American Dreamz tanks, opening in ninth place

The movie that pretends to parody American Idol crashed and burned at the box office this past weekend.

According to final numbers, American Dreamz brought in just $3,667,420, an average of $2,444 on each of 1,500 screens, according to Box Office Mojo. In international theatres, it earned $1,203,140, for a total of $4,870,560. The film’s budget was $17 million.

The Washington Post’s Lisa de Moraes does the math and says “it would appear that slightly fewer than 600,000 people went to see ‘American Dreamz’ in its opening weekend.” She also reports on Idol executive producer Ken Warwick’s thoughts about the movie, which he gave during a conference call with reporters. “‘What fascinated me is that every single person’ with a role in the film has gone on a talk show and said they’ve never seen ‘American Idol’ … He speculated that the actors were all told by the studio, ‘Whatever you do, don’t say you’d seen [‘Idol’]’ or that it ‘influenced your performance in any way.'”

‘Idol’ Parody Hits Sour Note at the Box Office [Washington Post]
Weekend Box Office Results, April 21-23, 2006 and American Dreamz (2006) [Box Office Mojo]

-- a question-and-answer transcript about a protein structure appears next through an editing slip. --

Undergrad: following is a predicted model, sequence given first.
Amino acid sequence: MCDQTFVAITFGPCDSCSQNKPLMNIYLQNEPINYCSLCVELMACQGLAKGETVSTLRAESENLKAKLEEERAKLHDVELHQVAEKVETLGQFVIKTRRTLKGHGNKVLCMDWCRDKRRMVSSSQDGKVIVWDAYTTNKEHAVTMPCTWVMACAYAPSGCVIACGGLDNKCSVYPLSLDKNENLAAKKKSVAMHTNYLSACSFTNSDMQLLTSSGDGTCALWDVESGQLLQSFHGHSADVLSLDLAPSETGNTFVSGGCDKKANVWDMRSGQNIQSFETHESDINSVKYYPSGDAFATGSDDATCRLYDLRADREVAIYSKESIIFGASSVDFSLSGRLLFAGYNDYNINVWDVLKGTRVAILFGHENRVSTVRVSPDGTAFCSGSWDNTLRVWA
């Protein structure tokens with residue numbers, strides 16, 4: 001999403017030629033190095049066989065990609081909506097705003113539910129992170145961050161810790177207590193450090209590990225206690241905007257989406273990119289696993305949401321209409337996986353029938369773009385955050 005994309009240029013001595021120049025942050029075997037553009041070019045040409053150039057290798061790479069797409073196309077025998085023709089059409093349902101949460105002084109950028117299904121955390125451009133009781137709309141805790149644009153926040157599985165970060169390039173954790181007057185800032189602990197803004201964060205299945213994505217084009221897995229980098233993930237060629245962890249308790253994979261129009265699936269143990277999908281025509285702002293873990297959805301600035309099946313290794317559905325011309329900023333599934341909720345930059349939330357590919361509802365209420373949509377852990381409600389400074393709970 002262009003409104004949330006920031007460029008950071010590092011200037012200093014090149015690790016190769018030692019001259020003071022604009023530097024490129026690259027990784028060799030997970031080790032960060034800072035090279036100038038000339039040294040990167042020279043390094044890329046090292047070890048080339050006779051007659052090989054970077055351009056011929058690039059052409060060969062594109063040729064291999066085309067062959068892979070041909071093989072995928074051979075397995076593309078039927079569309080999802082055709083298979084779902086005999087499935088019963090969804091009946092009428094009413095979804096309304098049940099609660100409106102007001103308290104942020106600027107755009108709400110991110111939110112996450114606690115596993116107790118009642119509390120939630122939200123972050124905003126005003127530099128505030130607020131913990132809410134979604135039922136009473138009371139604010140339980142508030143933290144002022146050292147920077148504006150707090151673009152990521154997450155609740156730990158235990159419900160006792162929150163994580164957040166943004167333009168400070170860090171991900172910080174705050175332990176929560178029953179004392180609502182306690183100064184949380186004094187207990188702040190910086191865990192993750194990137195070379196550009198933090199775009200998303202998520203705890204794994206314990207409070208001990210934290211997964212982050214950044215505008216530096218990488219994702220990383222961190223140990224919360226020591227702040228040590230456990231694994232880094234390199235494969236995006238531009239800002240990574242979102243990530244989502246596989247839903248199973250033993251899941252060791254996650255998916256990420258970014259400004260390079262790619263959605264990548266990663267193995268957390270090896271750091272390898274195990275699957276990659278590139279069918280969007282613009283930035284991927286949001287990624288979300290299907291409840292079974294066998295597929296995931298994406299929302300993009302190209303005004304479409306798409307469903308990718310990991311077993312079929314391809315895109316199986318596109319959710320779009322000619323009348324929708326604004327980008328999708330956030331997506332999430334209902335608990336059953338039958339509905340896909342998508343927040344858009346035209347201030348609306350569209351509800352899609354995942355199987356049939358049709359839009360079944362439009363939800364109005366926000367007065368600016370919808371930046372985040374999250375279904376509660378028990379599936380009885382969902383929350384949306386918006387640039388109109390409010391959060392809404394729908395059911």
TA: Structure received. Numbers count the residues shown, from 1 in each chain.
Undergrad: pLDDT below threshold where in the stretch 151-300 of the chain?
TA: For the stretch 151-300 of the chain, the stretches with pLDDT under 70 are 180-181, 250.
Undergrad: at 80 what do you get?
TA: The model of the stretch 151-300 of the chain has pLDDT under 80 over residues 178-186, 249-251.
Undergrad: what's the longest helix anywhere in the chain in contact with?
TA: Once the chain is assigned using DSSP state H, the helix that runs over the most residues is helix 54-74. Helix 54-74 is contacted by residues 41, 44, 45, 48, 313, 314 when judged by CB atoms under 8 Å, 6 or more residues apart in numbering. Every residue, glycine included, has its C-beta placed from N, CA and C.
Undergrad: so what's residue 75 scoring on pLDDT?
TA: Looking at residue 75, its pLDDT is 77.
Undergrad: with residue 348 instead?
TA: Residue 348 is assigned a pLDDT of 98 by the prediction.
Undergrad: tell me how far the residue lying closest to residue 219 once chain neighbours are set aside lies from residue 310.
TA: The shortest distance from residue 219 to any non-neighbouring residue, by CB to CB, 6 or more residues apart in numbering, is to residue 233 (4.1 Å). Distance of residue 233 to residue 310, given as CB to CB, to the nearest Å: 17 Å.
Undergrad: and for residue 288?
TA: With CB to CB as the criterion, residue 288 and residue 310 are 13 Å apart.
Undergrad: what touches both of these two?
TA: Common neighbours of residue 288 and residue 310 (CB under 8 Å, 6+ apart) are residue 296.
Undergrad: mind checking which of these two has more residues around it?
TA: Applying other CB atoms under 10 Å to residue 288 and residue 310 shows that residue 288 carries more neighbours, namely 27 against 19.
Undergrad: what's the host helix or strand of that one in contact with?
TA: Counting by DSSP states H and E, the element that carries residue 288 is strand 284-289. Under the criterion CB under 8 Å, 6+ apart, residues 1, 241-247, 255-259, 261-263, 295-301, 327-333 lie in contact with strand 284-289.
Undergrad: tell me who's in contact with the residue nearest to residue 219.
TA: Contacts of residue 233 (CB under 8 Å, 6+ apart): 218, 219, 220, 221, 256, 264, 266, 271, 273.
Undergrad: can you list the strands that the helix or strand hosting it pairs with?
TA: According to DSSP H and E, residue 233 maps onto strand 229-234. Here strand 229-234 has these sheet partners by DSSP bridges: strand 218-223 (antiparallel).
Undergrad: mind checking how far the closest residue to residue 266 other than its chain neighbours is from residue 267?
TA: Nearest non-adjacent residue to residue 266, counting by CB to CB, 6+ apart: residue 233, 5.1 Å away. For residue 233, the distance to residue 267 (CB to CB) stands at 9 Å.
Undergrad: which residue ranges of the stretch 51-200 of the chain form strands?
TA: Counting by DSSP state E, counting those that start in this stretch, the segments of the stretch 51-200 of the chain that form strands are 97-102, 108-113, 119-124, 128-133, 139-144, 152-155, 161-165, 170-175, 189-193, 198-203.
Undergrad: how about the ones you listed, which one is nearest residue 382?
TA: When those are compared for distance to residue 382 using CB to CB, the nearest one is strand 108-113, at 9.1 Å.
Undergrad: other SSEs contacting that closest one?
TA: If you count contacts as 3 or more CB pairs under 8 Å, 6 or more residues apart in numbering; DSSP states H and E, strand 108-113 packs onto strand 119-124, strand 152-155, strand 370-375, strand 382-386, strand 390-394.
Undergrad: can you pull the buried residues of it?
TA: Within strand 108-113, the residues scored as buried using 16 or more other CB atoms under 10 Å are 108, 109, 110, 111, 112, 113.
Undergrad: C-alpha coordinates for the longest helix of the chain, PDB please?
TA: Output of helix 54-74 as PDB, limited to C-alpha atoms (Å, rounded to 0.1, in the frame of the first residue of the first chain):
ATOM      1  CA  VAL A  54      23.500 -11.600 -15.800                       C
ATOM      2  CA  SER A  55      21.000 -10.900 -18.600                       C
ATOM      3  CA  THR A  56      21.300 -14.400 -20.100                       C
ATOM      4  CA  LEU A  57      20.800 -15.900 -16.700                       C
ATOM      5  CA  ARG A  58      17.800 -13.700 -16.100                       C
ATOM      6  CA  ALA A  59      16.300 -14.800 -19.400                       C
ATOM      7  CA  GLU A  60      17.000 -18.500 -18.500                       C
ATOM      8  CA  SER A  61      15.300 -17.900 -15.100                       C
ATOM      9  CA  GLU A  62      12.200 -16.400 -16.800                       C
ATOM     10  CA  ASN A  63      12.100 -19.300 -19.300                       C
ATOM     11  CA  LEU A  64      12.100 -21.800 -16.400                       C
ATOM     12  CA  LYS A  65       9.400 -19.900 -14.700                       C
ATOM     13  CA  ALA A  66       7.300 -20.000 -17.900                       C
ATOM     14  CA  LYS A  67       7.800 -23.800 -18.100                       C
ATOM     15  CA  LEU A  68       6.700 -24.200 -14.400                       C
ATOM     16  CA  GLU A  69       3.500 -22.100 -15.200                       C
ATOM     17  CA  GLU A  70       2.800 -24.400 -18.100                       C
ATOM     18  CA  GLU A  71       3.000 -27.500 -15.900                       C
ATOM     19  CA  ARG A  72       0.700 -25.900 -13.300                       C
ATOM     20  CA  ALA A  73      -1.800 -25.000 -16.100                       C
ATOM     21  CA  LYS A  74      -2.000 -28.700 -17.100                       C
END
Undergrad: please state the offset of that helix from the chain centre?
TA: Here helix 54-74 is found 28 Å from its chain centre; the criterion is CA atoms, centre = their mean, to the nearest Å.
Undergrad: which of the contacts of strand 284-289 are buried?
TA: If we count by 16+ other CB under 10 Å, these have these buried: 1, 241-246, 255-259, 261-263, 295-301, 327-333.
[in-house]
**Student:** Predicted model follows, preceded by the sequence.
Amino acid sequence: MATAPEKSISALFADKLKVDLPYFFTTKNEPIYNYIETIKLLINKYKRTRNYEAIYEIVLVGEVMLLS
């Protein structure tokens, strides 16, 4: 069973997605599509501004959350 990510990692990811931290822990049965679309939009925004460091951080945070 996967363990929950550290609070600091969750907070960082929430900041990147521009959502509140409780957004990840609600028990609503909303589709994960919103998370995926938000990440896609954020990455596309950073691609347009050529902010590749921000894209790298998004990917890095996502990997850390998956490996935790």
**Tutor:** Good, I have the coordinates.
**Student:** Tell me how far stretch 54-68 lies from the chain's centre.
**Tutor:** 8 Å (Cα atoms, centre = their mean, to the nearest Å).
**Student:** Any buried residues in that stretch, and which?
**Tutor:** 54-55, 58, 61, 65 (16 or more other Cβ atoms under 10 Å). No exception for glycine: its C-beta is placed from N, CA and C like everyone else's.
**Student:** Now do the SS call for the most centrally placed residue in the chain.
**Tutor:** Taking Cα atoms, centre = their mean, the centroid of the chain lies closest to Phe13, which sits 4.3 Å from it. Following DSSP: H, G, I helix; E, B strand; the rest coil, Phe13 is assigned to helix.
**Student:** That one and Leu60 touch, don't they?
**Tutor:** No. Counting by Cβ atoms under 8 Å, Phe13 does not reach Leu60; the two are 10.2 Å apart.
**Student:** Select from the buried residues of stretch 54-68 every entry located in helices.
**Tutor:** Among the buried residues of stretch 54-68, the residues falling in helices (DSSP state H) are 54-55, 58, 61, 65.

Surprisingly, man not eaten alive on Eaten Alive

Eaten Alive

Discovery Channel’s happy family holiday special Eaten Alive aired Sunday, rewarding viewers for their two full hours of viewing by ensuring that they spent quality time in the company of others instead of wasting that time doing something else that might not have been as satisfying, such as buying things that have labels which accurately reflect their contents.


Winter 2015 reality TV debut schedule

winter 2015 reality TV schedule

Mark your calendars with all these upcoming reality TV show debuts, including Celebrity Apprentice, The Bachelor, and another season of MasterChef Junior, all of which kick off in early January.

There are also 20+ shows debuting in December--including the one-off return of The Sing Off. No winter break for reality TV.

about the writer

Andy Dehnart is a journalist who has covered reality television for more than 15 years and created reality blurred in 2000. A member of the Television Critics Association, his writing and criticism about television, culture, and media has appeared on NPR and in Playboy, Buzzfeed, and many other publications. Andy, 36, also directs the journalism program at Stetson University in Florida, where he teaches creative nonfiction and journalism. He has an M.F.A. in nonfiction writing and literature from Bennington College. More about reality blurred and Andy.